Why was his religion being discussed in court? If he had been a practicing Muslim, would that indicate guilt? Is his evangelical Christian wife an indicator of innocence?
posted by Jatayu das at 2:27 PM on January 16, 2006


"has anyone here actually read Kafka?"

Many times, in both the original german and translations.
posted by mischief at 2:35 PM on January 16, 2006


I think what has really been lost after 9/11 is the ability to find an unbiased jury to try a Muslim. Whatever crime a Muslim person is accused of, there exist numerous people ready to paint his/her actions as part an ongoing cultural war instigated by Muslims.

When the state of the US population's opinion of Muslims is so low, hate sites such as Little Green Footballs get awards from major national newspapers and congressmen like Sam Johnson of Texas are cheered when they suggest the best way to deal with Syria is by nuking the country, a lazy prosecutor has an easy time appealling to the contingent of people who hate muslims. This is done by presenting all Muslims accused of any criminal activity through a prism of reasoning that takes advantage of the anti-Muslim bias prevalent in the country. Bring up terror, show a few pictures of the twin towers.

Even this article, with statements such as "X is not a praticing Muslim" imply that this makes him somehow less guilty or more innocent.

Particularly indicitive of this growing hatred is that comments by our lawmakers effectively suggesting the same horrific actions as Iran's Ahmedinejad suggests for Israel are rarely if ever met with any sort of real condemnation.
posted by mulligan at 3:00 PM on January 16, 2006


Since PP hasn't made it here yet I will sum up his thoughts:

Thank God we are doing this kind of thing. It keeps us safe! God bless America! Down with liberals! etc etc bullshit bullshit!
posted by StrasbourgSecaucus at 3:02 PM on January 16, 2006


If my boss "The Lawyer" thinks that it is legal for me to do something, I'm probably not going to retain my own lawyer to double check her. How many of us do things at our jobs that may be aiding criminal activities without our knowledge? Did they charge the airline agents who sold the tickets to Mohamed Atta with aiding terrorism?
posted by Megafly at 3:04 PM on January 16, 2006


I think what has really been lost after 9/11 is the ability to find an unbiased jury to try a Muslim. Whatever crime a Muslim person is accused of, there exist numerous people ready to paint his/her actions as part an ongoing cultural war instigated by Muslims.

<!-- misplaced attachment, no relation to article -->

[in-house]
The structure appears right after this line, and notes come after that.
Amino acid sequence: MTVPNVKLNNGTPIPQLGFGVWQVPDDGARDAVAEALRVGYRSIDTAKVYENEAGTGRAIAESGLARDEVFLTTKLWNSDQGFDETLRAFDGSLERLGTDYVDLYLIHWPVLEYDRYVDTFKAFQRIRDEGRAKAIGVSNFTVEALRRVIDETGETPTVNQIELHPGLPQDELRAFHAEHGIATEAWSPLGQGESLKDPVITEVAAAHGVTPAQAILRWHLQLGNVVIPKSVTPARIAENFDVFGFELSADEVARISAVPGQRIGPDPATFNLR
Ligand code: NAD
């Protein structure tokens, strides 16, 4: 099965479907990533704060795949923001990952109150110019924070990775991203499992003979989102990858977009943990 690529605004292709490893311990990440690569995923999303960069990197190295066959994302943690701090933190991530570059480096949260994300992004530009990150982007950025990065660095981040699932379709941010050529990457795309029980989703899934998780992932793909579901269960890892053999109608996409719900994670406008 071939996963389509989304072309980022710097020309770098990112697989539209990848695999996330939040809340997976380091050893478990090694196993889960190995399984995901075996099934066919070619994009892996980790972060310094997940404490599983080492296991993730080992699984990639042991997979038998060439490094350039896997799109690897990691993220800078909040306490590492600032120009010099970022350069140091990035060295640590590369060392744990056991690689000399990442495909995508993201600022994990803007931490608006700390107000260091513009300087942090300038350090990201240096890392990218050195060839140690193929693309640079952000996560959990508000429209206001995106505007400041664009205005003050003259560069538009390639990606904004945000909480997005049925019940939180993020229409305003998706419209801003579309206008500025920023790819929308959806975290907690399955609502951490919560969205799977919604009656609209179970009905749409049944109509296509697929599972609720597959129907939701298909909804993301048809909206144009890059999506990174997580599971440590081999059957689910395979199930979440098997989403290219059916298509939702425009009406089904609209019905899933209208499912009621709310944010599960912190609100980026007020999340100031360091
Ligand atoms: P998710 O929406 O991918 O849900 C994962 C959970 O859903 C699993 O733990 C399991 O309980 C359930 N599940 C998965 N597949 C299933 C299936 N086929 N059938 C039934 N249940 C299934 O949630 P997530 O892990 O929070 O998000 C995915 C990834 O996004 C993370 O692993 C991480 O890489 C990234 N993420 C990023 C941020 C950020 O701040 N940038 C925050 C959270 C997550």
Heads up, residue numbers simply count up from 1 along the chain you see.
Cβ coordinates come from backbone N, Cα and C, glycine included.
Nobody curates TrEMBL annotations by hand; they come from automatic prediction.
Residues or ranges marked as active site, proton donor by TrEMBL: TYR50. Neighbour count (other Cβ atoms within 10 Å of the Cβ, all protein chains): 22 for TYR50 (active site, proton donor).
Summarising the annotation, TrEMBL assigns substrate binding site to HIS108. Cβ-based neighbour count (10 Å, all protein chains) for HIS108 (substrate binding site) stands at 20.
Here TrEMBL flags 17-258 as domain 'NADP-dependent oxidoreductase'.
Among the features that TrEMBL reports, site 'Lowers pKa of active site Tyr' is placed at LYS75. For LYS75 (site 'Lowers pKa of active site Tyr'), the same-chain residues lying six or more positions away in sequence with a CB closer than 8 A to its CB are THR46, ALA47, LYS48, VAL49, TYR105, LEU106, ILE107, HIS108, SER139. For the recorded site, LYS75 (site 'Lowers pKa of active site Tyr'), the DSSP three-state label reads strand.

I would not vote to convict any muslim brought before me if I was on a jury, so I suppose that's true.
posted by delmoi at 3:11 PM on January 16, 2006


I mean on a terrorism related charge, anyway.
posted by delmoi at 3:11 PM on January 16, 2006


When asked to translate something, the translator clearly knows what the text says before he translates it. The subject matter is readily apparent, right?

Yikes... you're defending this? Bad call, Jek...
posted by BobFrapples at 3:12 PM on January 16, 2006


I'm calling it--JekPorkins has jumped the shark.
posted by MrMoonPie at 3:22 PM on January 16, 2006


I agree with JepPorkins and Mischief, and I would like to either hear what the other side has to say or at least know what happened at the trial before I started condeming this.

Now, I am not saying that this is the case, but this is possibly a biased article with quotes taken out of context. We see this kind of thing from the right all the time, what makes you think left leaning types have not learned the art.
posted by batou_ at 3:31 PM on January 16, 2006


"I have to plead guilty to being a coward," Juror 39, who spoke on the condition of anonymity, said of her vote to convict. "It doesn't feel good, but I punked out."
posted by prak at 3:33 PM on January 16, 2006


batou_: The other side said what's quoted at the top:
"Yousry is not a practicing Muslim. He is not a fundamentalist," prosecutor Anthony Barkow acknowledged in his closing arguments to a jury in federal district court in Manhattan earlier this year. "Mohammed Yousry is not someone who supports or believes in the use of violence."
posted by dash_slot- at 3:37 PM on January 16, 2006


I'm not defending it at all, BobFrapples. I expressly stated that the result was unjust and that the jury was apparently unfair.

And yes, delmoi and others, I have read Kafka. Enough to recognize that, while apparently unjust and bad, this guy's situation is not exactly Kafka-esque.

and Rothko: Wrong about what? Wrong about wondering? What, exactly, do you think I'm wrong about?

While there are apparently some people here who have read Kafka, there appear to be fewer people who have actually read what I wrote, since I did not defend the government's actions here, I called what happened unjust, and I pointed out that conspiracy and aiding and abetting are actual crimes in the U.S. and have been since before 9/11.

Obviously, I question whether Yousry actually aided and abetted or was part of a conspiracy -- the jury was apparently totally wrong. But yes, translating something could, under the law, constitute conspiracy, depending on what was being translated and the state of mind of the translator. This is not new or even interesting, frankly.
posted by JekPorkins at 3:39 PM on January 16, 2006


dash_slot-: Is that all they had to say at the trial? If that is it, I would wholeheartedly agree that the verdict is unjust.
posted by batou_ at 3:42 PM on January 16, 2006


"The other side said what's quoted at the top:"

... and without context.
posted by mischief at 3:43 PM on January 16, 2006


The real injustice is that he was tried in the same trial as the "grandmotherly Maoist" Lynn Stewart and Ahmed Sattar, "a Rahman aide and sympathizer."